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Our 2017 Road Trip, Part 20: Everything’s Visionary

Bra Ball!

Remember on Pee-Wee’s Playhouse when Pee-Wee kept a collection of either foil or rubber bands mashed together into a ball, depending on which season it was? This is Emily Duffy’s 1800-pound “Bra Ball“.

Previously on Midlife Crisis Crossover:

Every year since 1999 my wife Anne and I have taken a trip to a different part of the United States and visited attractions, wonders, and events we didn’t have back home in Indianapolis. From 1999 to 2003 we did so as best friends; from 2004 to the present, as husband and wife. For 2017 our ultimate destination of choice was the city of Baltimore, Maryland. You might remember it from such TV shows as Homicide: Life on the Street and The Wire, not exactly the most enticing showcases to lure in prospective tourists. Though folks who know me best know I’m one of those guys who won’t shut up about The Wire, a Baltimore walkabout was Anne’s idea. Setting aside my fandom, as a major history buff she was first to remind skeptics who made worried faces at us for this plan that Maryland was one of the original thirteen American colonies and, urban decay notwithstanding, remains packed with notable history and architecture from ye olde Founding Father times. In the course of our research we were surprised to discover Baltimore also has an entire designated tourist-trap section covered with things to do. And if we just so happened to run across former filming locations without getting shot, happy bonus…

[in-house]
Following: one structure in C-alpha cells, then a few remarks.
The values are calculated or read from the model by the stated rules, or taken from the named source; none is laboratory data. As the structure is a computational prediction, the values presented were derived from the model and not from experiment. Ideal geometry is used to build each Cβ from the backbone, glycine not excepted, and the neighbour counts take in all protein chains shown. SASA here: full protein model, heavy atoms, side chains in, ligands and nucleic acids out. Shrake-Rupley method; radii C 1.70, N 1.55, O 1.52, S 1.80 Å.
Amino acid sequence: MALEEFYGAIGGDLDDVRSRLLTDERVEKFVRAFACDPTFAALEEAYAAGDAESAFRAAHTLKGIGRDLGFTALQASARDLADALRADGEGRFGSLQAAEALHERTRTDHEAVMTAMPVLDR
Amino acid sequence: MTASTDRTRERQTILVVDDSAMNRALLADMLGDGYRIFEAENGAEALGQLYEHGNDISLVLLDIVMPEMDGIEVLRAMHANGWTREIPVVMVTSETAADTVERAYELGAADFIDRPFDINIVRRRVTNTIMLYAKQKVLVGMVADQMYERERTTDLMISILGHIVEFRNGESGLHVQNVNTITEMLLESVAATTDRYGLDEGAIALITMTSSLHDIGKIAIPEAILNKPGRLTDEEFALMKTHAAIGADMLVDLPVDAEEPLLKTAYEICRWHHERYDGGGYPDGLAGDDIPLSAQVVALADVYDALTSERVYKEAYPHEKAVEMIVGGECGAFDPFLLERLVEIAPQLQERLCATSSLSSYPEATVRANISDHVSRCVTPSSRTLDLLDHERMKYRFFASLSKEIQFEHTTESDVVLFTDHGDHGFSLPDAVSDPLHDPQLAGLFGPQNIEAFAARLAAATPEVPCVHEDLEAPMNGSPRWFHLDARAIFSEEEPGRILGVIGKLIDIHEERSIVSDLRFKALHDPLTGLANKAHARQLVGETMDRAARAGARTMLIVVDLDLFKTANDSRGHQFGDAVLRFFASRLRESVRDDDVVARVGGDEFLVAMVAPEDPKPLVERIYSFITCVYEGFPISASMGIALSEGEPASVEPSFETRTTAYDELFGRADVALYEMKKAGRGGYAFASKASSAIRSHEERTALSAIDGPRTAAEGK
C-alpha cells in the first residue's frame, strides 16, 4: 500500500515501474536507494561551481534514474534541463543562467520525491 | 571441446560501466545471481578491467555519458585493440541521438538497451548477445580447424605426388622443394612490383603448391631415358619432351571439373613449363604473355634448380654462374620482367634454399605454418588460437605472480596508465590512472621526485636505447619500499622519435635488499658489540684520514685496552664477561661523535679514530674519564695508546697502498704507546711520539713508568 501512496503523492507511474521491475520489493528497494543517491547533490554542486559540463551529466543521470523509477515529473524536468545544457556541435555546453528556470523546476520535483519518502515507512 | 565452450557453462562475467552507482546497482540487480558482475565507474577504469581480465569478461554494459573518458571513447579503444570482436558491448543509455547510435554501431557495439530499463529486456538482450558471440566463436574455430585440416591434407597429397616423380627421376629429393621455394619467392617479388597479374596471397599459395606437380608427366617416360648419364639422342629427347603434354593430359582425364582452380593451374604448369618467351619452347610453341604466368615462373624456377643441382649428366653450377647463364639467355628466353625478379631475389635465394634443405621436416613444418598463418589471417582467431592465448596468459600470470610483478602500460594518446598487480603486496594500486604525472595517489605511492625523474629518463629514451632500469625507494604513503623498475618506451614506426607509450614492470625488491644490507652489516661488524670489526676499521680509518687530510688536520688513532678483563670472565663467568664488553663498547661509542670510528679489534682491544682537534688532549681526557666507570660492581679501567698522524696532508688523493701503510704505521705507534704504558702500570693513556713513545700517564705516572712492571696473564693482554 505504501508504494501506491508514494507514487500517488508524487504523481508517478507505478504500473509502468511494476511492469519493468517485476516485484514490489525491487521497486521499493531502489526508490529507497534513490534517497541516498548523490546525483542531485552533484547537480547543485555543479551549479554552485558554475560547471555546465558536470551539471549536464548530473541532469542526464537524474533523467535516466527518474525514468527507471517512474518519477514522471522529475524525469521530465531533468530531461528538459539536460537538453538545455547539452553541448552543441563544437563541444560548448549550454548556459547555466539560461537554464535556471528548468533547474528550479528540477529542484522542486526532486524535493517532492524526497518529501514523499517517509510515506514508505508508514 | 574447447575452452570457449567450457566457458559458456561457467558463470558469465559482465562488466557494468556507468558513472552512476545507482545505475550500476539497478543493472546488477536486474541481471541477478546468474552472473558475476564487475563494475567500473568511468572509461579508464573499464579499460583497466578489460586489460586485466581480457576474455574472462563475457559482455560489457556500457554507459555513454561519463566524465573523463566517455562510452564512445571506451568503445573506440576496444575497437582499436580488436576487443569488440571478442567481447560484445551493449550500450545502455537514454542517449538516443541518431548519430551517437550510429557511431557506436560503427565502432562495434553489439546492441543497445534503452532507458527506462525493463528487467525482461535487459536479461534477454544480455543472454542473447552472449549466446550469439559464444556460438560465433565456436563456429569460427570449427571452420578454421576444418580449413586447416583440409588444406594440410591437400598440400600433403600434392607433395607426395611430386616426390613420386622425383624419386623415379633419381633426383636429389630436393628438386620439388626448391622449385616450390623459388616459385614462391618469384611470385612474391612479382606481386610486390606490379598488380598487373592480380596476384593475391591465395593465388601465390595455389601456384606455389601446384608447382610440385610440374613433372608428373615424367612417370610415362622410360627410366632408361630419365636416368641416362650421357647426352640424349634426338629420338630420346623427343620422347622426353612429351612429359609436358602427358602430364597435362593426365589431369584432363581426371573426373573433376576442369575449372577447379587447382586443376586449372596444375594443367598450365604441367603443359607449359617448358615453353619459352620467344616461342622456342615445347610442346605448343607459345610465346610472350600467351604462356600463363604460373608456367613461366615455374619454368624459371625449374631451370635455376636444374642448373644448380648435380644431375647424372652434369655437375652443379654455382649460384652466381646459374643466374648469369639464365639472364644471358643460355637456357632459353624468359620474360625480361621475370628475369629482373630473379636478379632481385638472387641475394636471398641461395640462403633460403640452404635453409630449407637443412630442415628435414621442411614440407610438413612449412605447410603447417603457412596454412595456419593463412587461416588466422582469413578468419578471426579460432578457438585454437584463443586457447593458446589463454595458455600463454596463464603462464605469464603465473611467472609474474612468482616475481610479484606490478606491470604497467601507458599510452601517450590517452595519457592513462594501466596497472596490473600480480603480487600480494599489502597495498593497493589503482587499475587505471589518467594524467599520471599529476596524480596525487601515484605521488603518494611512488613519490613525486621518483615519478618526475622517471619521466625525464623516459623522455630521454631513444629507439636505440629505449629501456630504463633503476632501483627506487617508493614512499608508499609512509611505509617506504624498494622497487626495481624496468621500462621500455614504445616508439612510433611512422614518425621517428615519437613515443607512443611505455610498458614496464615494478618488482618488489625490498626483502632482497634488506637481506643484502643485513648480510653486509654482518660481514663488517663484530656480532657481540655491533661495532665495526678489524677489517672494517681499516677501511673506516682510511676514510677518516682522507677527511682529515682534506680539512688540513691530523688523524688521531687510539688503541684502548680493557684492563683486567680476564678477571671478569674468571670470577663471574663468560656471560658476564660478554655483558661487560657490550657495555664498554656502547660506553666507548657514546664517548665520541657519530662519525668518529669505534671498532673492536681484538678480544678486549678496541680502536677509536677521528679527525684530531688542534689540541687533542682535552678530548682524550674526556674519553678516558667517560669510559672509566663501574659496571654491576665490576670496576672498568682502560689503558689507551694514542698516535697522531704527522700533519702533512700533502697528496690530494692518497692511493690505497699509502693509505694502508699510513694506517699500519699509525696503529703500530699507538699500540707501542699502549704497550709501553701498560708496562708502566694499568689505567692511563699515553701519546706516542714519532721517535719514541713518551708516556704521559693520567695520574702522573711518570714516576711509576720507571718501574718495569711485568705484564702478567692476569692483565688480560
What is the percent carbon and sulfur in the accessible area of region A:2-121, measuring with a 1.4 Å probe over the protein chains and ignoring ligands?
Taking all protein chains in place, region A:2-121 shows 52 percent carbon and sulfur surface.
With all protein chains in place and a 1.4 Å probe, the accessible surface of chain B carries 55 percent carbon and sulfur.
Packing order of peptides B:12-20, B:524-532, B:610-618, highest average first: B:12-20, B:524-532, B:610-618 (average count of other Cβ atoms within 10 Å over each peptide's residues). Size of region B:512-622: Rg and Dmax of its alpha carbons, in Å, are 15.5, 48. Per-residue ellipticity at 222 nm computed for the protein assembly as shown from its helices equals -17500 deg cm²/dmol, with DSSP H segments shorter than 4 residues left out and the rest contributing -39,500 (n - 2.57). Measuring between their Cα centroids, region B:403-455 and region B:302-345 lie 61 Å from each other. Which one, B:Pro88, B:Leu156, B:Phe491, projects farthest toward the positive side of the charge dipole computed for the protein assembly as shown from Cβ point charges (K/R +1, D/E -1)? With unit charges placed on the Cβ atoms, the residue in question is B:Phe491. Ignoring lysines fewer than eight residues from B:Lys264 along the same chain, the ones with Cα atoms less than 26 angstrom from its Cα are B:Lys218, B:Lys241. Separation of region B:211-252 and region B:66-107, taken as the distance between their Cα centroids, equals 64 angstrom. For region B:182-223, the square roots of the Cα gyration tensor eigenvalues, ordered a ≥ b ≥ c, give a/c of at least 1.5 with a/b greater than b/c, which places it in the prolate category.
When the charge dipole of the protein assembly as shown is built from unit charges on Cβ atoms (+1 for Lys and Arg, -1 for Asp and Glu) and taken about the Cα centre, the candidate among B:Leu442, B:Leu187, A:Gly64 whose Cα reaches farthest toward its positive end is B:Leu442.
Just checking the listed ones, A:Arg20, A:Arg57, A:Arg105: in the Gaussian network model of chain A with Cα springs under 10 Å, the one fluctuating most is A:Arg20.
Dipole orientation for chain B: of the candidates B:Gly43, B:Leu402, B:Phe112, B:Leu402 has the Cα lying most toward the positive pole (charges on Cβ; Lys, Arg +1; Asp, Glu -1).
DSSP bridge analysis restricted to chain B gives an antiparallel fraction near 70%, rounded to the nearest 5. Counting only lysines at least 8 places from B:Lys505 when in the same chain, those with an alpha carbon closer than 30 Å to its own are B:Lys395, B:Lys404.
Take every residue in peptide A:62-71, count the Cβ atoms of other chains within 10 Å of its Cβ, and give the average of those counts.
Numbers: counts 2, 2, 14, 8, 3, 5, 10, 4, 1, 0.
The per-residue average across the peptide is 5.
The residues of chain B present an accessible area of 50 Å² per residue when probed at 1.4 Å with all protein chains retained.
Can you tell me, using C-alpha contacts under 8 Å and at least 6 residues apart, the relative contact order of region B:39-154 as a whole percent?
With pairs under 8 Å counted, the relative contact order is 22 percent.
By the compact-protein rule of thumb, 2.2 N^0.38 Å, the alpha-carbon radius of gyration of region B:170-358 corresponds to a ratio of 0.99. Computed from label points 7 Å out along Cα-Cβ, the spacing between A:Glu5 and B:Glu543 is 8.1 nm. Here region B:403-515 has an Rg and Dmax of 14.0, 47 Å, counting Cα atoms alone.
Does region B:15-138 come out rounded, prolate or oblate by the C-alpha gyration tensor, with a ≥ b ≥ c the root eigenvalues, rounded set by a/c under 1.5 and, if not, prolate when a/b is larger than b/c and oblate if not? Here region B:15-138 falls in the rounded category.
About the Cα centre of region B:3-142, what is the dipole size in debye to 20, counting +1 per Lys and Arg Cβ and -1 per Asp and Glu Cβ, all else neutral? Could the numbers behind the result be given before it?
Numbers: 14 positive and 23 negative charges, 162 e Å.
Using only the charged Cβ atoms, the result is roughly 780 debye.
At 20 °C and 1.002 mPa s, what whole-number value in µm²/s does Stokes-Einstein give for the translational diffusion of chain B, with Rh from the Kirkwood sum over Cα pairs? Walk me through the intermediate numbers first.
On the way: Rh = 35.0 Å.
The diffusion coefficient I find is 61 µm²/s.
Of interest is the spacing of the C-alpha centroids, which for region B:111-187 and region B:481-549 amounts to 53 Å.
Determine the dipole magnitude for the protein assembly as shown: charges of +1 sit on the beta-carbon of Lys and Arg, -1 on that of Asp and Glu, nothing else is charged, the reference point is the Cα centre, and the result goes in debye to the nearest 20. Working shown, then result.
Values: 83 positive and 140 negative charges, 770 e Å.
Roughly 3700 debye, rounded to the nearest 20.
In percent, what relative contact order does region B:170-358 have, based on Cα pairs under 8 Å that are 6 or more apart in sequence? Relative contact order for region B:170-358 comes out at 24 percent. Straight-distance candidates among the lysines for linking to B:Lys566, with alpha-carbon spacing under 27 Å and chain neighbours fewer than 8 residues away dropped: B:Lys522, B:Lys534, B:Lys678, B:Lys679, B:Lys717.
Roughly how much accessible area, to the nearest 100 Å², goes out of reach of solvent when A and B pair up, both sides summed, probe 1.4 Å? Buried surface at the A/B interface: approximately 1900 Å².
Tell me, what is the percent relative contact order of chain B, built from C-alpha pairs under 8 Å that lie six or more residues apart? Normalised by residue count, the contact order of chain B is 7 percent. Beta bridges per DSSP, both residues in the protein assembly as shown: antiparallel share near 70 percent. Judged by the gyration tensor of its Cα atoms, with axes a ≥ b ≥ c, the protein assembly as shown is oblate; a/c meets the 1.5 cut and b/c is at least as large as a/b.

Whenever someone asks us about our Baltimore vacation and lets us speak for more than fifteen seconds, if they’re patient we’ll tell them the part where we went beyond the Inner Harbor and spent two hours wandering the grounds of the American Visionary Art Museum. We’ll try to describe the captivating fun of roaming a trio of facilities dedicated to self-taught art, to imaginations and handicraft that eschew folks traditions or identifiable art movements, about the outlandish and the whimsy, about the inherent coolness of DIY ethos writ large and embraced to the fullest. Then their eyes will glaze over and they’ll change the subject because trying to describe unique art they’ve never seen is a bit like reviewing a Taylor Swift album for an audience that’s never owned a radio.

I guess you just had to be there. Or scroll through the photos from someone who has.

Of the three structures, the Tall Sculpture Barn — the one in the middle — is free. That day the main floor was emptied out, but a few pieces loomed overhead and welcomed us before the kindly staff did at the main building.

Fifi + friends!

…I believe the monstrous doggo’s name is Fifi?

Genesis 2 + Disco Ball!

Covering the ceiling are enormous panels from William Thomas Thompson’s “Seven Days of Creation”. And of course a disco ball.

The main building is three stories of art, more art, and then art. We previously showed you some of the outside and the temporary food exhibit. The AVAM has over 4000 pieces in their permanent collection, rotated in and out of active display as needs and moods dictate.

Mens Room!

…and this was just the men’s room mirror.

Black Icarus!